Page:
To round off a busy week we went south of the city to Xochilimilco which is a network of canals and apparently where city people go to chill out at the weekend. The way forward seemed to be to take a picnic of bacardi and coke, the biggest ghetto blaster you can carry, hire a colourful trajinera(gondola) and while the afternoon away exploiting these instruments of pleasure to the max, rock on... 

9 Aug 2011

Arriving in Mexico City

Madrid to Mexico City with Iberia, if ever you travel to this part of the world, try to fly with any airline other than Iberia. Reasons why?  Their seating plan in the airbus a340-600 makes ryanair look like the orient express - approx 400 people on board and we are all treated like cattle, food inedible, films rubbish (if you can see them on the screen half way up the aircraft), 11 hours of joy...

But then you arrive over Mexico D.F. (Distrito Federal), a massive metropolis where the last 25mins or so of the flight are over the city, a crazy vista of buildings and roads covering 573 sq miles, 21+ million people living on a plateau (that is sinking due to it originally being a lake!) which is 2,240 metres above sea level, insane, surrounded by live volcanoes and on a major fault line so prone to the odd earth rumble, totally bonkers, and they say it is one of the most dangerous cities on the planet. The causes of such crime rates tend to be attributed to the drugs trade/war although I wouldn't be surprised if further investigation proved a causal link between arriving on an Iberia flight and wanting to murder someone.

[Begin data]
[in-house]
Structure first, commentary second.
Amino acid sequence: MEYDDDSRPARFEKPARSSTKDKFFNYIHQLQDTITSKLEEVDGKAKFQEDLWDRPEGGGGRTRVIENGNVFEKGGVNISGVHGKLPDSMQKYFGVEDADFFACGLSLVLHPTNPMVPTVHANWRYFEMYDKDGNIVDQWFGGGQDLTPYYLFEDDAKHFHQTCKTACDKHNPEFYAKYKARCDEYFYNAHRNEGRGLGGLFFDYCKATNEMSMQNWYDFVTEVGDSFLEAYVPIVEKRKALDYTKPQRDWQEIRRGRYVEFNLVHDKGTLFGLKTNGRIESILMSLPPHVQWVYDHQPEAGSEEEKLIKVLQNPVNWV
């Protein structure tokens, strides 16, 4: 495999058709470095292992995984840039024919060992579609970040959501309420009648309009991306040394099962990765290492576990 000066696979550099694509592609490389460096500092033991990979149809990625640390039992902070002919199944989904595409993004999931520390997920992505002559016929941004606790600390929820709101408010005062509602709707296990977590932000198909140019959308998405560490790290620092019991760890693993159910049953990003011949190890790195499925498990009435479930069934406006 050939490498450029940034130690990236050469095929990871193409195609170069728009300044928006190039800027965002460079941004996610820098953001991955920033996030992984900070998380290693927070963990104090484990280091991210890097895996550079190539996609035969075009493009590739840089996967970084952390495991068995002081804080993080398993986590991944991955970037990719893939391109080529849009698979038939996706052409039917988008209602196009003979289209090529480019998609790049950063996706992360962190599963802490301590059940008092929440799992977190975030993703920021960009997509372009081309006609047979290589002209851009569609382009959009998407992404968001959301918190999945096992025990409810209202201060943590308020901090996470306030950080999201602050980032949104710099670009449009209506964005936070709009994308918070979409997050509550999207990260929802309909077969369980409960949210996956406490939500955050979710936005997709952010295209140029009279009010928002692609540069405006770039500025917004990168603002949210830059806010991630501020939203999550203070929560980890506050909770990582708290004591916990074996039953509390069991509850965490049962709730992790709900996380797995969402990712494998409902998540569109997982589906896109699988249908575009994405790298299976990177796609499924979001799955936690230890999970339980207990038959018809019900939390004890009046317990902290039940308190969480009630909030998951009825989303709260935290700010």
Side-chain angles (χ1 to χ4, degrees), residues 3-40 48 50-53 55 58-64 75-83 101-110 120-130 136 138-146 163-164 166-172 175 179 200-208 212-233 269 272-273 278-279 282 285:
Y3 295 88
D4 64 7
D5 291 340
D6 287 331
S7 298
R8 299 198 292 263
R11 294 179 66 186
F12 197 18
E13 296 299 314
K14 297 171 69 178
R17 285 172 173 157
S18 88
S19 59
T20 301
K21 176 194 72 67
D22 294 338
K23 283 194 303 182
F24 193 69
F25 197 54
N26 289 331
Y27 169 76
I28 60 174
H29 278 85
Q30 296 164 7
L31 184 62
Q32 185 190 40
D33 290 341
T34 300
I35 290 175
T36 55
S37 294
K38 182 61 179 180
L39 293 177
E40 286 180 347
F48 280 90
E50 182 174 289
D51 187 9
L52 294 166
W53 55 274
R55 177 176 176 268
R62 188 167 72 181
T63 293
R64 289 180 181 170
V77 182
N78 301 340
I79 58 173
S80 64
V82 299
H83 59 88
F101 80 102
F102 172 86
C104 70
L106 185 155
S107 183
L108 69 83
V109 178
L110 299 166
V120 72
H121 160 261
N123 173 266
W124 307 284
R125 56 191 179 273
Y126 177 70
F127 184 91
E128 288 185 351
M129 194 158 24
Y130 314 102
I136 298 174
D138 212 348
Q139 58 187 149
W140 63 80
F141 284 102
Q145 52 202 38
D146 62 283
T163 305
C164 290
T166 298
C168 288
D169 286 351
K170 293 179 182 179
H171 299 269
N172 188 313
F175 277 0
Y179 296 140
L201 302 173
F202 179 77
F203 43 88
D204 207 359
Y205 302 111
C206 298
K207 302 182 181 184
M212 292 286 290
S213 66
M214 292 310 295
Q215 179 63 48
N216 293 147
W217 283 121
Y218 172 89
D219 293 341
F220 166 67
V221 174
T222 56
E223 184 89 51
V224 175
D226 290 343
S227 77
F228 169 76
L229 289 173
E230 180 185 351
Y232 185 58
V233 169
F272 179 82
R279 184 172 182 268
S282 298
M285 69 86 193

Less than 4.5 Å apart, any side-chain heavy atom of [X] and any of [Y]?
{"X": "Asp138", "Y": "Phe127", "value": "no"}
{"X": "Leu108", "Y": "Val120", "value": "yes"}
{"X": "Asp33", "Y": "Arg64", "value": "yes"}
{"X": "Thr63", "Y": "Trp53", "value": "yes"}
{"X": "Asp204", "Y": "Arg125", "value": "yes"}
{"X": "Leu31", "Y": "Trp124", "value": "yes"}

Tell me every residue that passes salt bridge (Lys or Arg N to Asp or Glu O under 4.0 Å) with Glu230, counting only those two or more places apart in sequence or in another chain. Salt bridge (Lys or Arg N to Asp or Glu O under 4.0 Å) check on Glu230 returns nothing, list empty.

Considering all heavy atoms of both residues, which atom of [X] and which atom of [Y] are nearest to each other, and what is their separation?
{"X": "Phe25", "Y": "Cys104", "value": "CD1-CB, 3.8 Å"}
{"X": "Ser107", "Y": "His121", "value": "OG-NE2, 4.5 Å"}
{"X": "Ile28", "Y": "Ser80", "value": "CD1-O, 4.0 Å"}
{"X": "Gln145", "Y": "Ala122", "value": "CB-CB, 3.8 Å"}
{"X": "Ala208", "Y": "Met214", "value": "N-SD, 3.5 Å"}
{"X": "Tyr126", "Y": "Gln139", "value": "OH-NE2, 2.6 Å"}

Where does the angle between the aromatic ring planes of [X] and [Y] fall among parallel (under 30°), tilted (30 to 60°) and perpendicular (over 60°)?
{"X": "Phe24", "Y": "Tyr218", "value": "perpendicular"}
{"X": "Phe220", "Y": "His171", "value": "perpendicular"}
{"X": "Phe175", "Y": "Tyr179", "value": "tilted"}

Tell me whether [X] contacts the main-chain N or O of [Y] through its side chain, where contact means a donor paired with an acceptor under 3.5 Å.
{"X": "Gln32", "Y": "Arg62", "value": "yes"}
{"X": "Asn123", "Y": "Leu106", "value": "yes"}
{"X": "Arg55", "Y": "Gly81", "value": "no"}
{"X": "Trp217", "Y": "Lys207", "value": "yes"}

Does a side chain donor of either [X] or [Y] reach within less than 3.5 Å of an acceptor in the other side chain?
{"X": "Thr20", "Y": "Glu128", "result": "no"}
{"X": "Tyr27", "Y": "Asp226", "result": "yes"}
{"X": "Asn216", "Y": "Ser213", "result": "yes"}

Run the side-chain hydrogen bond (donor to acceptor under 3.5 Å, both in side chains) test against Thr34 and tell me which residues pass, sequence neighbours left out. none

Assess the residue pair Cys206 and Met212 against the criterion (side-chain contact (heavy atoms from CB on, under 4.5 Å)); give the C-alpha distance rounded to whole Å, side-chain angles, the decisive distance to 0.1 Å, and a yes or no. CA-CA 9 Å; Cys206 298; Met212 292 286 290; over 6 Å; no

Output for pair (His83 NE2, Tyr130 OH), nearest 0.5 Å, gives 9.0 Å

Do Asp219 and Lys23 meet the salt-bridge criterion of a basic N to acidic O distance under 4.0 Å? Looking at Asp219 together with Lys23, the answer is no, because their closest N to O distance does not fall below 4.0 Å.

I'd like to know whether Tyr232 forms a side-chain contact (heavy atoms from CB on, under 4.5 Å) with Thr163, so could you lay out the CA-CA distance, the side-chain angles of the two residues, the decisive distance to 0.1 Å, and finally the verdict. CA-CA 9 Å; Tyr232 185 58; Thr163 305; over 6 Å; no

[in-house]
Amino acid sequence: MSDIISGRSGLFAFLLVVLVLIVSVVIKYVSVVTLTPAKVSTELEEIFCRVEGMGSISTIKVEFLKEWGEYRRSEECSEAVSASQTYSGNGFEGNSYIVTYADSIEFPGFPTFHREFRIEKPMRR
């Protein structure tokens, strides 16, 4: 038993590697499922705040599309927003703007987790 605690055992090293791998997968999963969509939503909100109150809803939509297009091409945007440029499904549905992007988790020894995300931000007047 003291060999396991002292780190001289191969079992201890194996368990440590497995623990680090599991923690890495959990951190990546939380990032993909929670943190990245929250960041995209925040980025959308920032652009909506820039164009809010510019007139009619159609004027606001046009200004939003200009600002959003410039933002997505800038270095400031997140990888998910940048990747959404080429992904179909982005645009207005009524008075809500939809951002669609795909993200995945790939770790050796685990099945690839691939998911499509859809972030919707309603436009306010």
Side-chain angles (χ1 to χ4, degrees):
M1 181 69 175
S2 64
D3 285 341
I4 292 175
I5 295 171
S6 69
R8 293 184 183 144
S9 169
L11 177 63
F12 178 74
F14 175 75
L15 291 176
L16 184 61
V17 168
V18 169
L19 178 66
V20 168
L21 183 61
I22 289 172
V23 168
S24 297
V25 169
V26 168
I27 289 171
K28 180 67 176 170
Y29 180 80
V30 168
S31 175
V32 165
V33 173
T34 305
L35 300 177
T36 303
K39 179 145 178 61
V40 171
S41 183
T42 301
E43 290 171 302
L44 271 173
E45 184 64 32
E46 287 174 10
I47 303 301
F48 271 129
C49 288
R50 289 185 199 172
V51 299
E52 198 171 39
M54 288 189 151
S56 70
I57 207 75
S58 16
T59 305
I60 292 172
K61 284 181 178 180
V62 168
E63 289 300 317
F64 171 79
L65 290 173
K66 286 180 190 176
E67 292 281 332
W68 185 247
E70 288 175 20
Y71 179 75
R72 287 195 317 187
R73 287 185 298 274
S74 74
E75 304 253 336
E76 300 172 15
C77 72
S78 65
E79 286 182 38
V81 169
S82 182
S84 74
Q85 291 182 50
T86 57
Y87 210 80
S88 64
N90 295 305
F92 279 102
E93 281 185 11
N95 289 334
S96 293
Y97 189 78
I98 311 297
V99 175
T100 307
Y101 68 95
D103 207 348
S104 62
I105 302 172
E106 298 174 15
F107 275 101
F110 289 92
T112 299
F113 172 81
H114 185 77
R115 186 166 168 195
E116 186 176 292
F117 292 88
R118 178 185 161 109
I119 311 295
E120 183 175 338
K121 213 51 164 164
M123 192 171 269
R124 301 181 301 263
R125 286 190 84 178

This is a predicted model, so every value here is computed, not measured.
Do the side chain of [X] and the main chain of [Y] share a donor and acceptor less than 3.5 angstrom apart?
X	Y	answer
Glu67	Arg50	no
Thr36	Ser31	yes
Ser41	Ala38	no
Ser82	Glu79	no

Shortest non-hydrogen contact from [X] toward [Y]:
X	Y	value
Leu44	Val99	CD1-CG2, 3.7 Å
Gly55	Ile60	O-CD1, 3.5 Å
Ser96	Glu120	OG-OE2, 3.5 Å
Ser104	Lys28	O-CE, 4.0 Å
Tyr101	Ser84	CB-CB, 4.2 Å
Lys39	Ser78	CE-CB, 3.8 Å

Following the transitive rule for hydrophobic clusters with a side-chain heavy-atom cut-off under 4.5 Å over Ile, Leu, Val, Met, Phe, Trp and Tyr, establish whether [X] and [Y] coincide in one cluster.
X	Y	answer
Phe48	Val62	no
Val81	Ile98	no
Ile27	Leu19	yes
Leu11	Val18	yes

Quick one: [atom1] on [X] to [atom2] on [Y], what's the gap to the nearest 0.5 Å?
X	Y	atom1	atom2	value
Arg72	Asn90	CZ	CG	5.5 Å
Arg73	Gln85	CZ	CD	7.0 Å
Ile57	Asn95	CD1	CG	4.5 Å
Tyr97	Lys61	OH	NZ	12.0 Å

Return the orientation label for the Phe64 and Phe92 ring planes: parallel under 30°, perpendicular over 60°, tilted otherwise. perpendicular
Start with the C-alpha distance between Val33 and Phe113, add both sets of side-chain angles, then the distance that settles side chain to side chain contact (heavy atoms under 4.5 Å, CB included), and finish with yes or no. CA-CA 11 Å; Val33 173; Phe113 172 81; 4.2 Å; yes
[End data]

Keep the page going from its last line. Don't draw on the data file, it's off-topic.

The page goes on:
We are staying in a hostel - I know I know, bit of a shock to the star system that one has become accustomed to - which is perfectly comfortable and our host is taking great care to ensure we see the very best of the sights and eat some of the  most amazing food on earth, que bueno...